One of the most impressive developments to hit the Mac community in recent years has been the strong upward growth in Mac market share. Recently Apple announced at its World Wide Developer Conference this past June that in the past two years they have tripled their installed base of Macs, now upwards of 70 million.
This has meant that the demand for more native Mac software has also grown several fold and that there is now very strong and growing demand for engineering and CAD software on the platform, complimenting the already existent and strong penetration of native design software for Apple’s easy-to-use UNIX-based system.
Within this context we have seen German industrial giant Siemens and its PLM software division fully commit resources to, and produce, a shipping version of its market-leading PLM software NX 6 for Mac OS X. In this interview Architosh talks to Paul Brown, senior director of NX Marketing for Siemens PLM Software and Jim Phelan, Director of PLM Media Relations. We start this discussion with a description of what constitutes NX 6 for the Mac.
Anthony Frausto-Robledo (AFR): Paul thanks for taking the time to speak to me this morning. Let’s start from the beginning. What encompasses the NX 6 version for the Mac?
Paul Brown (PB): Sure. NX 6 for Mac includes all the core CAD/CAM technology found in the other platform versions, this means all the modeling and drafting functionality and all the assembly and collaboration tools…and of course the Synchronous Technology that has been much praised by the industry.
Jim Phelan (JP): Anthony are you familiar with our Synchronous Technology in NX?
AFR: Yes, I’ve written about it and have a general understanding. I understand it is a way to mix both parametric, history-based modeling functionality with aspects of explicit modeling. Is that correct?
PB: Yes, more or less.
AFR: I’d like to talk about that in more detail in a second. So the Mac version is more or less identical to the other platforms for NX?
PB: Almost. The Mac version doesn’t have the CAE (computer-aided engineering) items, the finite element analysis and engineering tools.
AF: Is that because the demand isn’t there for the most part or a porting issue?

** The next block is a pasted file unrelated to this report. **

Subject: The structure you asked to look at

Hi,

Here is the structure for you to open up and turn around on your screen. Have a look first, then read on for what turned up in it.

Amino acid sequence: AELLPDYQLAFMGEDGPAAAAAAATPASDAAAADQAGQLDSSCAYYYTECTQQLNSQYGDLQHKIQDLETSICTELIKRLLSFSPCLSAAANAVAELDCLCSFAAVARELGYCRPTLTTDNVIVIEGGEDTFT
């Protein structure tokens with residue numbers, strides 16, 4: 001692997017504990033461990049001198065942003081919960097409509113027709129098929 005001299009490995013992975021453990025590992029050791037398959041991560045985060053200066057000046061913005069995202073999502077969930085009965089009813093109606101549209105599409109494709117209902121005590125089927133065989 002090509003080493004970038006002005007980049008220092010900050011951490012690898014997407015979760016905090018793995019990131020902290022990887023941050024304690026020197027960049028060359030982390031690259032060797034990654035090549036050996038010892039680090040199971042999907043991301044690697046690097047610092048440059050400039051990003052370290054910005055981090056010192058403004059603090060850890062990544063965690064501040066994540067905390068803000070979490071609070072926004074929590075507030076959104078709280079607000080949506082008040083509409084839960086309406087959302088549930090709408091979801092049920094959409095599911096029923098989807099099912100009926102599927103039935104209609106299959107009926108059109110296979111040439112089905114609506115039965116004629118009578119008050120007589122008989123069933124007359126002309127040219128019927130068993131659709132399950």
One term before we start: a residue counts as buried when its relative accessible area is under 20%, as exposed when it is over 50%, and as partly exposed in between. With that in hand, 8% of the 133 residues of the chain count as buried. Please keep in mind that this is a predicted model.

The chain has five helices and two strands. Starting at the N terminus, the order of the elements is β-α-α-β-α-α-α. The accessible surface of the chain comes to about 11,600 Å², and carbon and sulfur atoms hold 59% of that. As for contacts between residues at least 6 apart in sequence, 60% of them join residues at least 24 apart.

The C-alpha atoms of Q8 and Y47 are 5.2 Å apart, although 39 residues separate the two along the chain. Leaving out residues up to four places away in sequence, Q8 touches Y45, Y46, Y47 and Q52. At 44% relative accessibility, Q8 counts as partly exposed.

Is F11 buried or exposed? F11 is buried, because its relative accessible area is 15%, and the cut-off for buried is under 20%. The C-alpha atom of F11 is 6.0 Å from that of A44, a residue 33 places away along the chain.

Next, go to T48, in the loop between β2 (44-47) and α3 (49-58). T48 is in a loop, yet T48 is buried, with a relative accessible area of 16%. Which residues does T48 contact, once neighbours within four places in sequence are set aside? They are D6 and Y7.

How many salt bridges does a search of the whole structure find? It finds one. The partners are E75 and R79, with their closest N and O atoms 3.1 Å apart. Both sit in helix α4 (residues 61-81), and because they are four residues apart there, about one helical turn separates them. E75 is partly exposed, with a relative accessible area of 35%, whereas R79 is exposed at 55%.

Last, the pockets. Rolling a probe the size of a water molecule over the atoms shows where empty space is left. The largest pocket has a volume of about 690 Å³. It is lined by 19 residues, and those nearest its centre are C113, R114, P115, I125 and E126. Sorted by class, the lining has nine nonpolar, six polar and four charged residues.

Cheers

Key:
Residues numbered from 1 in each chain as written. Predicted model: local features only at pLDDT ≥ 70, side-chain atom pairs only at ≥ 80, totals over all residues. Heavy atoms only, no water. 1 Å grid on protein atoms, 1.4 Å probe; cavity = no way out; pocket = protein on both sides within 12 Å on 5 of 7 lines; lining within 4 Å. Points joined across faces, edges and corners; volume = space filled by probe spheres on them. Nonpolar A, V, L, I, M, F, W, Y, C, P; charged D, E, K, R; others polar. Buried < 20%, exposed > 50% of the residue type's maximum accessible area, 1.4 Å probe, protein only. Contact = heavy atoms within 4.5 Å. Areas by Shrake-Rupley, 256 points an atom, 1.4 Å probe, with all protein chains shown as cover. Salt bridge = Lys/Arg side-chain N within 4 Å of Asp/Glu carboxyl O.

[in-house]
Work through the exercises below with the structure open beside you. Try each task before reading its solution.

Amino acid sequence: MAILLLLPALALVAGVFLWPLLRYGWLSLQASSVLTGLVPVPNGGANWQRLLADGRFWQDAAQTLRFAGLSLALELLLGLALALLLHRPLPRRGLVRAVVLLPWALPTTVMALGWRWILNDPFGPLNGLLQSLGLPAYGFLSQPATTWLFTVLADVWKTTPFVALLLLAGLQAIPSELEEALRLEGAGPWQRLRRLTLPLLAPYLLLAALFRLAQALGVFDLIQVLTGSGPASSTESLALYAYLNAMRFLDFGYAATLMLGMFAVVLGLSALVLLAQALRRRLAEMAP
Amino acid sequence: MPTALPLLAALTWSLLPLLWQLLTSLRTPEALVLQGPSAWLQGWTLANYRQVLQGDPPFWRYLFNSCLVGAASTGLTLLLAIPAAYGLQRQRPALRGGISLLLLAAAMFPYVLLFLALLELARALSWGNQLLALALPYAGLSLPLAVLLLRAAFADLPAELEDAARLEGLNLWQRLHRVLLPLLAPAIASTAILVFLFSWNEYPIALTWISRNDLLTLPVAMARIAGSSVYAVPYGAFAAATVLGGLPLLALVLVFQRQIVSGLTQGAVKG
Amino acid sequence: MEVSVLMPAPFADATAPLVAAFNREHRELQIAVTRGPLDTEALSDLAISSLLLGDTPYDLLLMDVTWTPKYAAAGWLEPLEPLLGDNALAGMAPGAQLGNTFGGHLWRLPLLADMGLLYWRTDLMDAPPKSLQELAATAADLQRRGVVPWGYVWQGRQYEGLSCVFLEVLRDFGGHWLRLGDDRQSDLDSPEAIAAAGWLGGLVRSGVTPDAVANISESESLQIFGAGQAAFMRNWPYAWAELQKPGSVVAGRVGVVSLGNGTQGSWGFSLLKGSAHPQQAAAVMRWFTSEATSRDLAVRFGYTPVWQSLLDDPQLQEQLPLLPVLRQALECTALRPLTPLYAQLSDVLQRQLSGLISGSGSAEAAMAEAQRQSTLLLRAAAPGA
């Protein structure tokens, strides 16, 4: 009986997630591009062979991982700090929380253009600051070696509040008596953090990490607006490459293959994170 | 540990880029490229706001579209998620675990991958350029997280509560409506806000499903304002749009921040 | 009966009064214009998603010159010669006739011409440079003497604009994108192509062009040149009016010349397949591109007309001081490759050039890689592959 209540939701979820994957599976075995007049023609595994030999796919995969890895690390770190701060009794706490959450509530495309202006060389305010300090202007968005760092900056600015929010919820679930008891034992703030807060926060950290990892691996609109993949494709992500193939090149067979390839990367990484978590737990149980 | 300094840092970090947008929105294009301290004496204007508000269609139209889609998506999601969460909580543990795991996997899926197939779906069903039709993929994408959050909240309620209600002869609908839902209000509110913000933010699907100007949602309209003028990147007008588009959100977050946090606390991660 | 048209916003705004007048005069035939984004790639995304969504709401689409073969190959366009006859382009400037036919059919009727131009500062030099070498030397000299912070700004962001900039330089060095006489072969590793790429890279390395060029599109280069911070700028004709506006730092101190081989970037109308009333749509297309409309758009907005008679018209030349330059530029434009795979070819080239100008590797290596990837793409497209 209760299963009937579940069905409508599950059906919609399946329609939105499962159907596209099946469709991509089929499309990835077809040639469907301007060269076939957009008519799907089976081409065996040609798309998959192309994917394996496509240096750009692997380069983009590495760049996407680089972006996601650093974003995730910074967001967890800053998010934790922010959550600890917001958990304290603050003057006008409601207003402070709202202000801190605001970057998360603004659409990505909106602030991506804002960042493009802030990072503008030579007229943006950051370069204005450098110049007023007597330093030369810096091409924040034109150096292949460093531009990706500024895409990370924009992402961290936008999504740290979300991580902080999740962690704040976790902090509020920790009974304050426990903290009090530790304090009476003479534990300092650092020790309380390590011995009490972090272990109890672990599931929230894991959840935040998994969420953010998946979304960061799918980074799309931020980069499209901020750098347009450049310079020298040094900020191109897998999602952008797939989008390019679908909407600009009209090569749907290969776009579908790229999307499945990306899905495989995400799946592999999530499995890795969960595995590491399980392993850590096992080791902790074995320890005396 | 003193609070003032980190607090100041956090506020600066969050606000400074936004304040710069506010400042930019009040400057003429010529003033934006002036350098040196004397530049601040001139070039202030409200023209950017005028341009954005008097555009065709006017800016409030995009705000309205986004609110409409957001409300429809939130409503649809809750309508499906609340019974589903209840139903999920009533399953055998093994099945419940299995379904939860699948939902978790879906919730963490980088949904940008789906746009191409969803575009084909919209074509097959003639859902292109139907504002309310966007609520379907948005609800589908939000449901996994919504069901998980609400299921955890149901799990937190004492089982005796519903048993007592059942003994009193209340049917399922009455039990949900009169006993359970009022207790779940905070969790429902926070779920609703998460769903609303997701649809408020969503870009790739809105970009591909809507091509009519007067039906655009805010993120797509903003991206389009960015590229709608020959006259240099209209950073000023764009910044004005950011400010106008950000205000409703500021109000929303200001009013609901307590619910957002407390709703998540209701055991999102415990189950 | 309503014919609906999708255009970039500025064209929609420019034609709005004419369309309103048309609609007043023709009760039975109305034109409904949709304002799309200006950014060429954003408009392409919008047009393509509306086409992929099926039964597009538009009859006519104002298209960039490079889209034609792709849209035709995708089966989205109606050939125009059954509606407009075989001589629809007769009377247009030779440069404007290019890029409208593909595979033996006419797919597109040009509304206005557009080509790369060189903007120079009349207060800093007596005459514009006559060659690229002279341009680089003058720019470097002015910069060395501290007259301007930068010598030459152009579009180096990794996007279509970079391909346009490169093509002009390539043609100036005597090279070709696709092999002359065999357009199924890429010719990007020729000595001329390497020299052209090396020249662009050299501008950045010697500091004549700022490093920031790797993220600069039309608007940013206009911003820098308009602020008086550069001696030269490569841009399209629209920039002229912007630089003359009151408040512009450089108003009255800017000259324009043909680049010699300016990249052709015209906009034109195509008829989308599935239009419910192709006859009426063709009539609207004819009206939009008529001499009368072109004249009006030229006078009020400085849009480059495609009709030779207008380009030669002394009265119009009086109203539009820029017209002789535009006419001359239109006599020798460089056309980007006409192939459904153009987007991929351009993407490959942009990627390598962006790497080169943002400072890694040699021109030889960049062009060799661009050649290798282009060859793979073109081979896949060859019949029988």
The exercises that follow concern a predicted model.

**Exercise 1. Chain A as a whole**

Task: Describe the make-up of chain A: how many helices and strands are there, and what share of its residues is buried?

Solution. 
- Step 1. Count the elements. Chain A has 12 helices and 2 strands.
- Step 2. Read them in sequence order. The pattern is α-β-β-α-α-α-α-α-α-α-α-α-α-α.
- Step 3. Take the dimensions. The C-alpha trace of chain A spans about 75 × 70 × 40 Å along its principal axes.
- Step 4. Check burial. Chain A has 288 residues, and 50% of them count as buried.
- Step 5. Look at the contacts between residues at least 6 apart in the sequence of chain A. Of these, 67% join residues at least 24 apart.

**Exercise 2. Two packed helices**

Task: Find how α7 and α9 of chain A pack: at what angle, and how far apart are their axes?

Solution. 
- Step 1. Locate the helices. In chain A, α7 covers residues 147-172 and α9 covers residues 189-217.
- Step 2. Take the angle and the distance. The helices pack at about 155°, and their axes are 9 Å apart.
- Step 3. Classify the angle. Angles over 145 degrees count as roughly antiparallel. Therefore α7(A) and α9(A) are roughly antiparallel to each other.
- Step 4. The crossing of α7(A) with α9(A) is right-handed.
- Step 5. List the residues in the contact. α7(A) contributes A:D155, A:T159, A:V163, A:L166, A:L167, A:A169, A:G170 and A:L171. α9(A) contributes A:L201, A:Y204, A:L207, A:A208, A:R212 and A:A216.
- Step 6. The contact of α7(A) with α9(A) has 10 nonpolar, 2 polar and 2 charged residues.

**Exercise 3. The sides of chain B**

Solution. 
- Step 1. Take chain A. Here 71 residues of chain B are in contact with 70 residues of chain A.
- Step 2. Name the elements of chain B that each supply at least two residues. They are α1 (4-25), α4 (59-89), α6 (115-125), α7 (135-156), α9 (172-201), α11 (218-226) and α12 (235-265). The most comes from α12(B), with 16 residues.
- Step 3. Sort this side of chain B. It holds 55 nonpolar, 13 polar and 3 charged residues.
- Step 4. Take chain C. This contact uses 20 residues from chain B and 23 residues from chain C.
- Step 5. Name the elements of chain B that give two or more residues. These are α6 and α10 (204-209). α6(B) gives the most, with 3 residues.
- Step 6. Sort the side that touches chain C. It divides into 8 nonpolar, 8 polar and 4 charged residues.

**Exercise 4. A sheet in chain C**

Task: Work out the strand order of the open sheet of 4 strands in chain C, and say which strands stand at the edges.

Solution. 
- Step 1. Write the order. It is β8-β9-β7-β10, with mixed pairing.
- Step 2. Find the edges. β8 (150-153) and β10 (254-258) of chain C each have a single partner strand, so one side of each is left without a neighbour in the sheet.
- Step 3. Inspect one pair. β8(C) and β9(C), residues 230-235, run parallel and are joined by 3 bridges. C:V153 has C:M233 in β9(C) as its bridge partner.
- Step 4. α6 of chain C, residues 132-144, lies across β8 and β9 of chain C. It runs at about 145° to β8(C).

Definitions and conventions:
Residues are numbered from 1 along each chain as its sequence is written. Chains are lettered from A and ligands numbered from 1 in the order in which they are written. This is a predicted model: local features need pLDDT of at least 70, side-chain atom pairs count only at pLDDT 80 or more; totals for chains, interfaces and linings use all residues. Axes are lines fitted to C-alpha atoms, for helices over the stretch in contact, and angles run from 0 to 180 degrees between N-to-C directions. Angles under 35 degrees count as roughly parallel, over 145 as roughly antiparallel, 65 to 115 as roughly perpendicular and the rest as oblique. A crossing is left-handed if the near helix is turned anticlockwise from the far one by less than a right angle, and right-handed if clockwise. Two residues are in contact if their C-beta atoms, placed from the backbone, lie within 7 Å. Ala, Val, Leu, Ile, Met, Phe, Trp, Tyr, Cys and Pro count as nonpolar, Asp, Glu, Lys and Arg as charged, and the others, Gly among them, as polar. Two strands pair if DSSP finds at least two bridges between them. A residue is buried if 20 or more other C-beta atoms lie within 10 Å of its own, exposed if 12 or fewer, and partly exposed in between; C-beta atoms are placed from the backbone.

PB: The demand. The analysis types are interested in other platforms like Linux for instance, where they can batch off big stuff to cost-effective Linux clusters where they can focus on pure performance while doing their engineering analyses.
AFR: So the demand was really there only on the “product design” side, is that correct?
PB: NX has a history of serving multiple platforms and so it made sense for us to add the Mac. There is growing interest among our customers with the Mac, especially on the front-end design side. And we are already seeing interest in the Macs being utilized for engineering workstations. In fact, last week we heard news of the first new large commercial deployment on the Mac. We found that delightful because it expands our base.
AFR: Right, I assume besides making your existing customers happy a big point of the Mac version is to expand your base and increase revenue?
PB: That is right. We don’t make any more money when our customers simply move to other hardware.
AFR: And speaking of revenue, what does a single NX license cost?
PB: Ranges start around 7,500.USD per seat. Things go up from there based on adding modules. Costs vary with modules and deployment size (number of seats).
AF: And what are some of the modules that can be added to the Mac version of NX?
PB: Nearly all the modules can be added except for the CAE (computer-aided engineering) modules. Some of the modules include the PTS, which is the Product Template Studio, CheckMate, and various other modules that add things like mark-up, etc cetera.
PB: It depends on the end state of design. For some industrial designers the end state is a pretty rendered picture that comes out of their workflow and design tool. If that is the case, that is best served in another package. We are stronger when the end state is moving that industrial designed object straight into mechanical design and engineering. In this way ID (industrial design) and Mechanical engineering can be tied in much closer.
AFR: What percentage of pure industrial design happens inside NX?
PB: Quite a lot. We have many larger customers who do all their industrial design exclusively within NX. NX has all the tools they need and they can do the beautiful renderings as well.
AF: I know for instance that SolidWorks licensed Luxology’s modo technology to add powerful state-of-the-art rendering and animation technology into the SolidWorks workflow. How do you accomplish your photo-realistic rendering technology?
PB: We have a partner in LightWork Design and use their LightWorks rendering engine.
AFR: I have noticed that even in this latest version of NX 6 for Mac you are using a standard X11 interface on Mac OS X. Why are you not using a native Aqua Mac OS X UI?
PB: This is certainly not a true Cocoa app and we don’t use the native user interface technology because doing so would have amounted to a massive reworking of the code.
Jim Phelan (JP): Plus, we have to factor in our product in larger heterogenous environments and our customers don’t want to have different UI’s across a range of platforms. So we use the common user interface for all platforms.
AFR: So this means even Windows gets the common interface?
PB: Yes. We have lots of large customers and in large heterogeneous environements it is important for the IT staff supporting NX to be able to know and work with one common user interface.
AFR: And TeamCenter utilizes the Apple Safari web browser, correct?
PB: Yes, not all of TeamCenter runs on the Mac but most of it.
AFR: You mentioned large customers several times. Can you tell me if you have any large customers who are utilizing the Mac version of NX 6 and can you mention any names?